Episode #3 (The Mixing Bowl) was a perfect example. The restaurant’s manager, Mike, is an obvious fraud; Gordon sniffs him out in about ten seconds (although Gordon was outright hostile at that point, making fun of Mike’s weight, which I thought was out of bounds and out of character for the BBC version of Gordon) and at the end tries to convince the chef/owner to fire the guy. Mike spends all his confessional time either claiming that his various screw-ups weren’t his fault or crying. I understand that the producers and editors can make someone look bad through selective editing, but they can only make you look bad if you do bad stuff. I’ve been in my share of restaurants, and the only time I’ve had a chef or manager sit down at my table to chat was when it was a relative of mine. Mike was sitting down left and right, and giving out 50% coupons. You can cry all you want and claim it was some teenaged waitress’ fault, but it doesn’t take a lot of tricky editing to make you look bad.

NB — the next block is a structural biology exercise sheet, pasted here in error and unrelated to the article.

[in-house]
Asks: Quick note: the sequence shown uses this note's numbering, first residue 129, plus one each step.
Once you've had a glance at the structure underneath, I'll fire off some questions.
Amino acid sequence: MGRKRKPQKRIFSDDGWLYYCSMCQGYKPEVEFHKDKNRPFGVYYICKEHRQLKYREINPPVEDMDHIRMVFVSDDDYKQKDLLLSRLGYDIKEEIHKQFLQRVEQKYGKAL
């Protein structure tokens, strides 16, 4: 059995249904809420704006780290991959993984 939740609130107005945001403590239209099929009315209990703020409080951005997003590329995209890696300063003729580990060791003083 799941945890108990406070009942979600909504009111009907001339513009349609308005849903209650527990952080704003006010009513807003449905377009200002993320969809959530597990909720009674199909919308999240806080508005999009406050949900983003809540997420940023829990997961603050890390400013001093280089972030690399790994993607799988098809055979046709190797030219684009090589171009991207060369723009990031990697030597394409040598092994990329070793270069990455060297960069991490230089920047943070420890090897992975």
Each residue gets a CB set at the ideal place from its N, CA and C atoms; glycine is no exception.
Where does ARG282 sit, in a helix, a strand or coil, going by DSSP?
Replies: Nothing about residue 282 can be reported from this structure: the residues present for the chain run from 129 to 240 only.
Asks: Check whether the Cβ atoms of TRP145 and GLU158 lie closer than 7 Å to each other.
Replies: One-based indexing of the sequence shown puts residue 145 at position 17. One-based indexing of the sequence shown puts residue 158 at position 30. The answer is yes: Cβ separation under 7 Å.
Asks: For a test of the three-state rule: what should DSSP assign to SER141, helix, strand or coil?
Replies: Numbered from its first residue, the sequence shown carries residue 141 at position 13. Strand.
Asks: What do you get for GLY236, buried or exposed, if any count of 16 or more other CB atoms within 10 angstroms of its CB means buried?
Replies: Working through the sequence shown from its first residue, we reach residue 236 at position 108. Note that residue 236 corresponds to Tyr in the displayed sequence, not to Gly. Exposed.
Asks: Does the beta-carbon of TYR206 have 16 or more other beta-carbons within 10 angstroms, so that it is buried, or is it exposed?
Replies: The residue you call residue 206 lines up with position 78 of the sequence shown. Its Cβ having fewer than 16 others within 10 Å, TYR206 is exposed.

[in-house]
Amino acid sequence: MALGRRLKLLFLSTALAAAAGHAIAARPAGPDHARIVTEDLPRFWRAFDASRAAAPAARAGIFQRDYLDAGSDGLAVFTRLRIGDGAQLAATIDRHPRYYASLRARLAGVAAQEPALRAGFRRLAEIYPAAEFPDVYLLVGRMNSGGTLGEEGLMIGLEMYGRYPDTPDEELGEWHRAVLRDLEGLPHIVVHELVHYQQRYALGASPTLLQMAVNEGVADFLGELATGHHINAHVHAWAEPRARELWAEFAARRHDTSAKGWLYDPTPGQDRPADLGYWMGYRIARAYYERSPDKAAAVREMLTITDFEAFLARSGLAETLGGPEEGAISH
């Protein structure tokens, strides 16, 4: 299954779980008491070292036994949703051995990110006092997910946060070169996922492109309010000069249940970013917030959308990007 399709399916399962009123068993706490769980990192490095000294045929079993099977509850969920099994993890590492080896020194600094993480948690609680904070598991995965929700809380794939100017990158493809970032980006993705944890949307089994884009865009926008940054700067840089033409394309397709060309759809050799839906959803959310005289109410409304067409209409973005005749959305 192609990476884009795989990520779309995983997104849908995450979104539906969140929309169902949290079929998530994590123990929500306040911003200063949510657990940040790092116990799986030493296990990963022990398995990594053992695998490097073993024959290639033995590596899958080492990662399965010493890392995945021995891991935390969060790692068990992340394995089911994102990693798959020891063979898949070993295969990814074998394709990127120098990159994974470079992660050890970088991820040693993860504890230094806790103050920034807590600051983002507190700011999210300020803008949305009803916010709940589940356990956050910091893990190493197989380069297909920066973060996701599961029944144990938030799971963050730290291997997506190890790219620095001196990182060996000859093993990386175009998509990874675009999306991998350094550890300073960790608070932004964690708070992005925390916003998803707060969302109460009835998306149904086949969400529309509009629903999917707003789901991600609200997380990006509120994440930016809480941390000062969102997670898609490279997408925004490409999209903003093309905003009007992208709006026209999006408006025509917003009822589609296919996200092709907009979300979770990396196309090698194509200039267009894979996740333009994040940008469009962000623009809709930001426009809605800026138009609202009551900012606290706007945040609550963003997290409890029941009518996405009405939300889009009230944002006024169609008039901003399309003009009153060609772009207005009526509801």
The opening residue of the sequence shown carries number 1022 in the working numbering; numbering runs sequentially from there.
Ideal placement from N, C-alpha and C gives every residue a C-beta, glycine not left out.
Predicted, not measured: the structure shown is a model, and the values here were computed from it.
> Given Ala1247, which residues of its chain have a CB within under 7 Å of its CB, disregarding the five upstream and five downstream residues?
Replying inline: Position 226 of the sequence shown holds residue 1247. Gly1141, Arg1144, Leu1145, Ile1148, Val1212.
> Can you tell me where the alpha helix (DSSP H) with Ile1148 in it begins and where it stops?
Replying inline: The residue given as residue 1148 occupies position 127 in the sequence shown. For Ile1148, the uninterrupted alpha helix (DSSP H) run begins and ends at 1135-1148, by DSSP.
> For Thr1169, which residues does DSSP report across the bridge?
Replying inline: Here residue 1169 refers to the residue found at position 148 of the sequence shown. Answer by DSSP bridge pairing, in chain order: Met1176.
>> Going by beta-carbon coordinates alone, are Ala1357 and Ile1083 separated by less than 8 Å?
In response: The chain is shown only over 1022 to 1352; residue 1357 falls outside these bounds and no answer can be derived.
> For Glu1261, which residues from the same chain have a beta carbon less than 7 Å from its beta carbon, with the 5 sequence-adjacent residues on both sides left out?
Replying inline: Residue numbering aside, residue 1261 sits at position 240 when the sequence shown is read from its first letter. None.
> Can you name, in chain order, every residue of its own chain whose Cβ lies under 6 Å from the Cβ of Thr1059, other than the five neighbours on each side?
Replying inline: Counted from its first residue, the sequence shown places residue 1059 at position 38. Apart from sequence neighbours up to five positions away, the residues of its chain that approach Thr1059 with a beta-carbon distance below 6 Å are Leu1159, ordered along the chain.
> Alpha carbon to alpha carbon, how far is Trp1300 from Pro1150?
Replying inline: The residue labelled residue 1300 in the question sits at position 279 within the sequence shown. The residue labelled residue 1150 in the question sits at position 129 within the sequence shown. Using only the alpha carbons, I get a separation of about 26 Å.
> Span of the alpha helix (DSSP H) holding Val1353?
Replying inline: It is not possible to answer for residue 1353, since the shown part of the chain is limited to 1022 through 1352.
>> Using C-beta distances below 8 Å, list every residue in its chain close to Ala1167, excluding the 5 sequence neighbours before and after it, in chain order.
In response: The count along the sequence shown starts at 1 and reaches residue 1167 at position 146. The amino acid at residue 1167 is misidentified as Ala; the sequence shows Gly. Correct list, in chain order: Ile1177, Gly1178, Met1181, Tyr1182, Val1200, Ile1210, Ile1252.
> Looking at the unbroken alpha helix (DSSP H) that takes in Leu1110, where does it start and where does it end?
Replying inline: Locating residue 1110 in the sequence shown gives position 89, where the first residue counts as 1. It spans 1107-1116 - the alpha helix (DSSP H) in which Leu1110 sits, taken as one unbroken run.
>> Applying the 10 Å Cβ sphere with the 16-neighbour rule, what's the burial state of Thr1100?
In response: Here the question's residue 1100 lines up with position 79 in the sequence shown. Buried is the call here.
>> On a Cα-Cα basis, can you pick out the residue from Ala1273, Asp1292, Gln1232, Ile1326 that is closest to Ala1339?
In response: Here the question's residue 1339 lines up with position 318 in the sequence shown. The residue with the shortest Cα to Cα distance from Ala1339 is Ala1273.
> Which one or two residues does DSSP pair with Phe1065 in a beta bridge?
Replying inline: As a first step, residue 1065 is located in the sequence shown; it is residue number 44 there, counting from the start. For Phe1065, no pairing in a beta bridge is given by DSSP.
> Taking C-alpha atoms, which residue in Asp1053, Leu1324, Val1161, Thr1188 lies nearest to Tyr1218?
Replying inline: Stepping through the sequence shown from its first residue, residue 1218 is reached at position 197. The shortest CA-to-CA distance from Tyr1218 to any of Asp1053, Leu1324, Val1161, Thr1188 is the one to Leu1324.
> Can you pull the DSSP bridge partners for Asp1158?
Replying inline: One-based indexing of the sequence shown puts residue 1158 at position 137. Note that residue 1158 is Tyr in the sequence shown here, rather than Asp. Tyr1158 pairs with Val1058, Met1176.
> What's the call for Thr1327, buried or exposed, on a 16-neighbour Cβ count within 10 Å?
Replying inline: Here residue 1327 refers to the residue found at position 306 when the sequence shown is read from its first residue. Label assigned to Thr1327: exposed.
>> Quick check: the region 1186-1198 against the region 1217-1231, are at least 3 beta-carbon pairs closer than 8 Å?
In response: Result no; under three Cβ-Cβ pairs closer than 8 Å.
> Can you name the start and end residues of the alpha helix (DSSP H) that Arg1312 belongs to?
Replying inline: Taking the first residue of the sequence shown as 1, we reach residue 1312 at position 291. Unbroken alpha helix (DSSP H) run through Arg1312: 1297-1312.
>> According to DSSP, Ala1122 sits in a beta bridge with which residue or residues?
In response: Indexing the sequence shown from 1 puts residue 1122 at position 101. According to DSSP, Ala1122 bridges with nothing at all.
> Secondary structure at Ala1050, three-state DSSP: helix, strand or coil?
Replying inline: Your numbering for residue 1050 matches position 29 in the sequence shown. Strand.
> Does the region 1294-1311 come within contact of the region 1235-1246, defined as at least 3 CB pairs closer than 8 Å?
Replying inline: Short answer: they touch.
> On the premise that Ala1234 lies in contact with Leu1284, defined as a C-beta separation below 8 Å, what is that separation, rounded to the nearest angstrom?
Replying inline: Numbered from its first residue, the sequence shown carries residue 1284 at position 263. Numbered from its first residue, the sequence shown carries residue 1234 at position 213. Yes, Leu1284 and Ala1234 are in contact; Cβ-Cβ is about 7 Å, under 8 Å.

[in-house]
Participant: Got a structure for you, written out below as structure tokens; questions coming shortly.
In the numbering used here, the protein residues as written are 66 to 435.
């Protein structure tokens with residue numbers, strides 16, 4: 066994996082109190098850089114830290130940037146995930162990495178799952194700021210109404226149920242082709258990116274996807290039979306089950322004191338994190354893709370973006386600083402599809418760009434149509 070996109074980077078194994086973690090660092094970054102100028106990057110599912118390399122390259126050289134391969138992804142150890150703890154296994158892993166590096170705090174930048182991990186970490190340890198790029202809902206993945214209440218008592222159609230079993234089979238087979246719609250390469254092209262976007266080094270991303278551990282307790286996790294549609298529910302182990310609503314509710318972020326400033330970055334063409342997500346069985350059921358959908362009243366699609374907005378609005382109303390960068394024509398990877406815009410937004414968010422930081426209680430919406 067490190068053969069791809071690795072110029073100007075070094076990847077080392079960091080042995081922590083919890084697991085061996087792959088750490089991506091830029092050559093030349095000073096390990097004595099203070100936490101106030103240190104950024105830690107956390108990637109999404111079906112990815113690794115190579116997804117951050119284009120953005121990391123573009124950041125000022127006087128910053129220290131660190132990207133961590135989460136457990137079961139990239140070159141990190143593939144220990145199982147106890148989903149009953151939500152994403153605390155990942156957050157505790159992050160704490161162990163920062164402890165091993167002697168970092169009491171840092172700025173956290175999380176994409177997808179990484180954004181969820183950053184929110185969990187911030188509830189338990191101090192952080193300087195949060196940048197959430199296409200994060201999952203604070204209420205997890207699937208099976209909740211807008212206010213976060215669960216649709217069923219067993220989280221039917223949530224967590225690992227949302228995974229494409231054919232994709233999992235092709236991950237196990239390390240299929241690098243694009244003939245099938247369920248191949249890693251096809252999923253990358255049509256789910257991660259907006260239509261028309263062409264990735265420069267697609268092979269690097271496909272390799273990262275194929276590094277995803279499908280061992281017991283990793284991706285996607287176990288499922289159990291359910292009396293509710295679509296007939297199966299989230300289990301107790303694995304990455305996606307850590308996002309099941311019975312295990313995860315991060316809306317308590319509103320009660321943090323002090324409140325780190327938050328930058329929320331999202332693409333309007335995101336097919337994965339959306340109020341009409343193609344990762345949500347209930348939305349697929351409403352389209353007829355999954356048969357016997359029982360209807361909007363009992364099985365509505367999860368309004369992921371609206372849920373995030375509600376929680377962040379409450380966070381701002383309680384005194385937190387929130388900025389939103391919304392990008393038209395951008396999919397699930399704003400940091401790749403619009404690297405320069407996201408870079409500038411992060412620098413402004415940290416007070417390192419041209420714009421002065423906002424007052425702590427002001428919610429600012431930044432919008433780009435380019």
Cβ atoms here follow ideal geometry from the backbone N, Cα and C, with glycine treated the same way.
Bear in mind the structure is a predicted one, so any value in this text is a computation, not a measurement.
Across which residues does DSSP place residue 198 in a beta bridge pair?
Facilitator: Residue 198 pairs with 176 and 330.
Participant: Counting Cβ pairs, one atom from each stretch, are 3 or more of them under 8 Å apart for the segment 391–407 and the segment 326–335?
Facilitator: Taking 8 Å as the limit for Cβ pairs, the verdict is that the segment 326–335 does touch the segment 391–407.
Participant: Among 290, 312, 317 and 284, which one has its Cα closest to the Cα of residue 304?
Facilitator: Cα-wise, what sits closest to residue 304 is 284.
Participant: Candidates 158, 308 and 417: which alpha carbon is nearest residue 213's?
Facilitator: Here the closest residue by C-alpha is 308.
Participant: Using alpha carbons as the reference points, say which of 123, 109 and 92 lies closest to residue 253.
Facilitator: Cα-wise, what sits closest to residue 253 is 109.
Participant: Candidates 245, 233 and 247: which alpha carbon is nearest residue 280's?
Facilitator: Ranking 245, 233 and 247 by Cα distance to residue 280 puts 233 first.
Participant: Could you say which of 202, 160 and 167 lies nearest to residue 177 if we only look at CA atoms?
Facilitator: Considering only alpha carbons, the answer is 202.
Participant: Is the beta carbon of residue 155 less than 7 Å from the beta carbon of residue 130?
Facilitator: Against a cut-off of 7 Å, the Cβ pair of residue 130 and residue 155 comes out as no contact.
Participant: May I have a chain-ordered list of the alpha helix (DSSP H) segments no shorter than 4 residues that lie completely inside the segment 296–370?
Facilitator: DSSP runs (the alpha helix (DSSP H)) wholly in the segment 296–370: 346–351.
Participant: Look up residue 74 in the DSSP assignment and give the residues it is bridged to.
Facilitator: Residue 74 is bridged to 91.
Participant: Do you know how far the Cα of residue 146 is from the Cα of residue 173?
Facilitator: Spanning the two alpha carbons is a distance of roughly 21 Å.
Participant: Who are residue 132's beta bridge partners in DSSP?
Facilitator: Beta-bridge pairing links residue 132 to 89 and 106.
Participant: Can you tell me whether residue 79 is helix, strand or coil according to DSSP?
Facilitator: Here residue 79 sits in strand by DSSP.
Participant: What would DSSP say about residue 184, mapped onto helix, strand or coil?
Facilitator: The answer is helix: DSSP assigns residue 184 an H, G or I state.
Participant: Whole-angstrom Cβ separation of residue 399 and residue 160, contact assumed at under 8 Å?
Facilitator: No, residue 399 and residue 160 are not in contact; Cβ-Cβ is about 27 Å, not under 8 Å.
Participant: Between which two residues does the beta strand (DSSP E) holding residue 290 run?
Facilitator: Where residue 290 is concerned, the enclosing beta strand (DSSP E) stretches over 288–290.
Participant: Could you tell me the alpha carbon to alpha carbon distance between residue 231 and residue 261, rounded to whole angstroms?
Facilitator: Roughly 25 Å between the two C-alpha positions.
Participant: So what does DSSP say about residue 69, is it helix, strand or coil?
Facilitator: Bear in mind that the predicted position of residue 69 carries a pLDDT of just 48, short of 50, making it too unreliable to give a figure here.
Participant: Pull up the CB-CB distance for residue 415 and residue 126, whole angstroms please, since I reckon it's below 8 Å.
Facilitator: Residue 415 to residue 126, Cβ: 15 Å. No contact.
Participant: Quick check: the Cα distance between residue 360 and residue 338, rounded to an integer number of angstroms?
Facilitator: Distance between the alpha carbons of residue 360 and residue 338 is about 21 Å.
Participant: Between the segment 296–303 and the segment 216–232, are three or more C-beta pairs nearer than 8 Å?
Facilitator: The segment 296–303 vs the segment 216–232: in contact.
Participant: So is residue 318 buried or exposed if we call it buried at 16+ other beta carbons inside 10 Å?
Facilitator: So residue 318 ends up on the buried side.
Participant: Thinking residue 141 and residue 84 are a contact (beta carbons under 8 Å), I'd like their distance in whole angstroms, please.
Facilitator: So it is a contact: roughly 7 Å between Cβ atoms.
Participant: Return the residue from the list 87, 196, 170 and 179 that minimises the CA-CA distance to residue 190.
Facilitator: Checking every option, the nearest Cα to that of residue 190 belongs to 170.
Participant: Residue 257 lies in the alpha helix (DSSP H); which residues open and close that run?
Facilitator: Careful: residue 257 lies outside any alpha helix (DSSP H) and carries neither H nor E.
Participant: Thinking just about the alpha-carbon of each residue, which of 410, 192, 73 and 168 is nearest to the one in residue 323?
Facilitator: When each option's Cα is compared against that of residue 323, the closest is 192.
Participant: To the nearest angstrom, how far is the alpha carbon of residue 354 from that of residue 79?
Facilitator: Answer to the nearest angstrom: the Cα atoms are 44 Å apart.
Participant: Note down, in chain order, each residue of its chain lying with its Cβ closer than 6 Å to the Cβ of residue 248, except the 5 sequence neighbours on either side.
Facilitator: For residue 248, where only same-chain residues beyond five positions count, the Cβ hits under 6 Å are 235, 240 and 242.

But what we saw remarkably little of in this episode was actual cooking. The BBC version emphasizes the food; nearly every restaurant Gordon goes to is failing because the food isn’t made from fresh ingredients, is too complicated, or outright sucks. (“What the fuck were you thinking when you put apricots in the mashed potatoes?” has become something of a running joke in our house – well, at least when my daughter’s in bed.) The show shows a lot of the food, both before the revamp and after, and the bulk of what Gordon is shown doing is either working with the chef or creating a new menu, and usually we get a healthy dose of both. There’s certainly some drama on the BBC version, with chefs walking out and one episode with a hilarious bit of sibling rivalry, but what we’ve seen in the first three episodes here trumps the worst of the BBC series.